TEA FOR TWO By John Murray, Mentoring Task Force 1
In 2010 I was deployed to Afghanistan as part of Mentoring Task Force 1. For the first few months of this deployment, my section was located in the Mirabad Valley, where we occupied a vehicle checkpoint (VCP) about 500 metres from what was then the easternmost patrol base in that valley – Patrol Base Wali. The VCP was located just past the fringe of the green zone, a 500 metre-wide swathe of lush, green, cultivated land that followed the river and sustained the Pashtu tribesmen who lived along it. Wheat, opium and vegetables were the primary crops, while fruit trees provided shade as well as food.
Being 500 m from Wali necessitated a good working relationship with the section of Afghan soldiers who shared the security of the VCP with us. As mentors, we had to win the confidence of the Afghans, to try and impart our own knowledge on them, and to persuade them to follow through with action when lethargy or indifference took hold of them. This was not always a simple process, as there were many cultural differences between us that had to be overcome. The Afghan tendency to engage in extensive small talk prior to discussing actual business was something that had to be respected, but could draw out a meeting for far longer than might otherwise be required and obfuscate the agenda for both parties.
On one particularly hot summer morning, I’d been invited by my offsider, a sergeant commanding the Afghan soldiers who assisted in the security of the VCP, to meet with him for tea in the shade of the green zone. I accepted his invitation, not because I enjoyed drinking hot tea on a 50-degree day, but because it would afford me the opportunity to build a rapport with him and possibly convince him to have his soldiers construct some small defensive structures on one of the approaches to his position. I also wanted to discourage him from shooting at eagles for amusement, as a recent incident of this nature had caused some concern at Patrol Base Wali, where it was thought at the time that our VCP was being attacked by insurgents.
With this agenda in mind, I sat down by a small aqueduct with my host, found what comfort I could, and prepared myself for the inevitable small talk which would be conducted through my interpreter, a wiry Afghan chap who we’d long ago taken to calling “Bob”. Tea and biscuits were soon produced, while an Afghan soldier seated next to my host took to preparing a cigarette filled with a herb of a different variety. The use of marijuana or hashish was not uncommon within the Afghan National Army, and daily use of it no doubt contributed to the general idleness we were seeking to discourage in this particular unit. My host took the lit cigarette and drew deeply upon it, holding the smoke in his lungs for a period, so as better to savour it. I sipped my hot tea and pretended, perhaps unconvincingly, to enjoy it.
The combination of hot air and hot tea caused the sweat to build up on my brow as my mind toyed with the thought of a cold beer. Although alcohol of any kind was frowned upon in this country, some Afghans I’d encountered had confessed to having sampled Russian-sourced spirits. Sensing the relaxation on the face of my host, I decided that an open discussion of our respective vices might foster a greater understanding between us. Either that or I was so desirous of a cold beer that I couldn’t help but talk about the benefits of that wondrous amber fluid. With “Bob” translating, I took one more sip of my hot, bitter tea and spoke what was on my mind.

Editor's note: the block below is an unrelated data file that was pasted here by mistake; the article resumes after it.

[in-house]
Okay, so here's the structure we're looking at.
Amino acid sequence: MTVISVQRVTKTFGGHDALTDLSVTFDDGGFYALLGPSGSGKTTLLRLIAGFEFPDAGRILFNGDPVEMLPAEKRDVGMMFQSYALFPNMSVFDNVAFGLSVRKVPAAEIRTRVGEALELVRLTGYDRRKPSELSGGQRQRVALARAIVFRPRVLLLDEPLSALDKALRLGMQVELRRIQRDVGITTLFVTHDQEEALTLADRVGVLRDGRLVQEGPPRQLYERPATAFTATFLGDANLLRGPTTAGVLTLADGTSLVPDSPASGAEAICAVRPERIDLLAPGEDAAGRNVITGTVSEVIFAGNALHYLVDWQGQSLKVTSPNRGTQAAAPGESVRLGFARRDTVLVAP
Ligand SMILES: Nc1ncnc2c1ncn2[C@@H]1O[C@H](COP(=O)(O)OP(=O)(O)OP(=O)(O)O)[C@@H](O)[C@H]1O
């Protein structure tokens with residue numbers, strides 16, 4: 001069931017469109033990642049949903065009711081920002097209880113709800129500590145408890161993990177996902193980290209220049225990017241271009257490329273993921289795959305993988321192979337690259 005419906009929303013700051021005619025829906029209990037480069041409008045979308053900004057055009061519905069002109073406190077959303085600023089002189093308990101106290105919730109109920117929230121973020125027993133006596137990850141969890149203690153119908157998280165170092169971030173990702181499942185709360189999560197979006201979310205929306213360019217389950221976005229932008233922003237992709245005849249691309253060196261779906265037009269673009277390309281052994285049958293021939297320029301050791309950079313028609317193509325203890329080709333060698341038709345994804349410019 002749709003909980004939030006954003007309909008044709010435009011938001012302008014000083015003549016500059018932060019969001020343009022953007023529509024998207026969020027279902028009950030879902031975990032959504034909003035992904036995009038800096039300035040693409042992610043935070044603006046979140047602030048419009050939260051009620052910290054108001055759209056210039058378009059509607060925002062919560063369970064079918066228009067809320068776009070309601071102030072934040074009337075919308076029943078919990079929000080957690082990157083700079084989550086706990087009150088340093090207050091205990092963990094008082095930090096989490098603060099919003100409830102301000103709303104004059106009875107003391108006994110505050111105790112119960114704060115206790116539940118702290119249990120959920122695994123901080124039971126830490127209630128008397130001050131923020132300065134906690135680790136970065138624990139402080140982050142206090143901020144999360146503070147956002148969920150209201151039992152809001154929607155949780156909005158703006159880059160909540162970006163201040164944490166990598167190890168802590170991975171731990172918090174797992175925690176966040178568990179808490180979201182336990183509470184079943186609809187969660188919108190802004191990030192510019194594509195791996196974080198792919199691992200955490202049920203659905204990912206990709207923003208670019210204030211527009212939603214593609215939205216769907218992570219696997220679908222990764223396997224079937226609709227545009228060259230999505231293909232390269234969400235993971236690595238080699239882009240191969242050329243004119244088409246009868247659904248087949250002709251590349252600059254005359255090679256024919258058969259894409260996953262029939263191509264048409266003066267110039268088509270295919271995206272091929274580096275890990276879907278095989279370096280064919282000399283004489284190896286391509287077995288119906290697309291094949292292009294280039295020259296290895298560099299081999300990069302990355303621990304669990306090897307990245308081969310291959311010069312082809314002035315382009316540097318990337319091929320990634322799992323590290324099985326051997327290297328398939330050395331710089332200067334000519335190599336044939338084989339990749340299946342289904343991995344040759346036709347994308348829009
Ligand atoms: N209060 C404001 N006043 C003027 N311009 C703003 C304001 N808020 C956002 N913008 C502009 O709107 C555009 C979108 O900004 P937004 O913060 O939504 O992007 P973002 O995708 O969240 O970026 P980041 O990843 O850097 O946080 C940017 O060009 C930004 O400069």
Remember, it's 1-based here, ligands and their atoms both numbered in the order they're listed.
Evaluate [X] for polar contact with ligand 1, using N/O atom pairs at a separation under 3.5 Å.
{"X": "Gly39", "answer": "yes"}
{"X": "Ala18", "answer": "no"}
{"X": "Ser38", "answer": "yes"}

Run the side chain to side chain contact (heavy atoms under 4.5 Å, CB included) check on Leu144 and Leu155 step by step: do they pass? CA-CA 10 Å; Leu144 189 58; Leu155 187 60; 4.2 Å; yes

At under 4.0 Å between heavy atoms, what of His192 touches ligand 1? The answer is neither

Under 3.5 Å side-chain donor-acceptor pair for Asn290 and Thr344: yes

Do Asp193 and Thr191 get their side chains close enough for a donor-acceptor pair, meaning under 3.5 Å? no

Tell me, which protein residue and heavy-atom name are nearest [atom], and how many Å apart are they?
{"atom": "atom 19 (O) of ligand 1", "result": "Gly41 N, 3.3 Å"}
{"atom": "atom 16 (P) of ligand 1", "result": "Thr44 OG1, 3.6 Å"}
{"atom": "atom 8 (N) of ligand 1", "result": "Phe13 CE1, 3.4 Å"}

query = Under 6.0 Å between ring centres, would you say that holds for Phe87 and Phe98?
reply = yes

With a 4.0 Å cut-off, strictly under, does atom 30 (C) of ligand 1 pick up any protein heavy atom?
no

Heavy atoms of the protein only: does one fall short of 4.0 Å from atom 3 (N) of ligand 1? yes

“You know,” I said, “Australia is a hot country too, and when we relax, we like to drink beer.”
My host seemed unimpressed. Nevertheless, I continued.
“It is a refreshing drink. It cools you down on a hot day, relaxes the
body, and promotes good conversation and amusement.”
I seemed to have captured his interest, for he replied.
“It may be good for you, but alcohol is not good for us; it is
forbidden,” he said, drawing in the smoke from the smouldering hashish in his hand,. “It makes people sick, and they are unable to work.”
The irony of this statement seemed lost in the acrid smoke that poured from his nostrils and drifted slowly into the air.
“The people become addicts and keep drinking alcohol because of their addiction,” he explained with hollow wisdom, waving the cigarette to emphasise his point. I looked across at the fields of opium poppies that grew not 100 m from us, and silently decided that an argument was not going to further our relationship. By now, he was turning the conversation to examine and expose what he considered to be my own addiction.
“Do you drink alcohol every day in Australia?” he probed.
“I do,” I conceded. “I enjoy a beer after work or a glass of wine or
two with my dinner. On weekends, I have more drinks with my friends because I will not have to work the next day.”
My admissions seemed only to reinforce his existing perception of alcohol as a debilitating vice. He smiled, nodded to himself, and inhaled the last remaining vapours of his hashish cigarette.
“And that,” he pronounced with all the gravity a man in his condition could muster, “is because you are an addict.”
Smoke poured out with his words, and together they hung in the air as he reclined by the aqueduct to enjoy the effects of the hashish. I sipped the hot tea, unsure of what I could say to reason with the man. The fortifications were not built that day, but at least no eagles were shot at either.
If it’s stupid but it works, it isn’t stupid.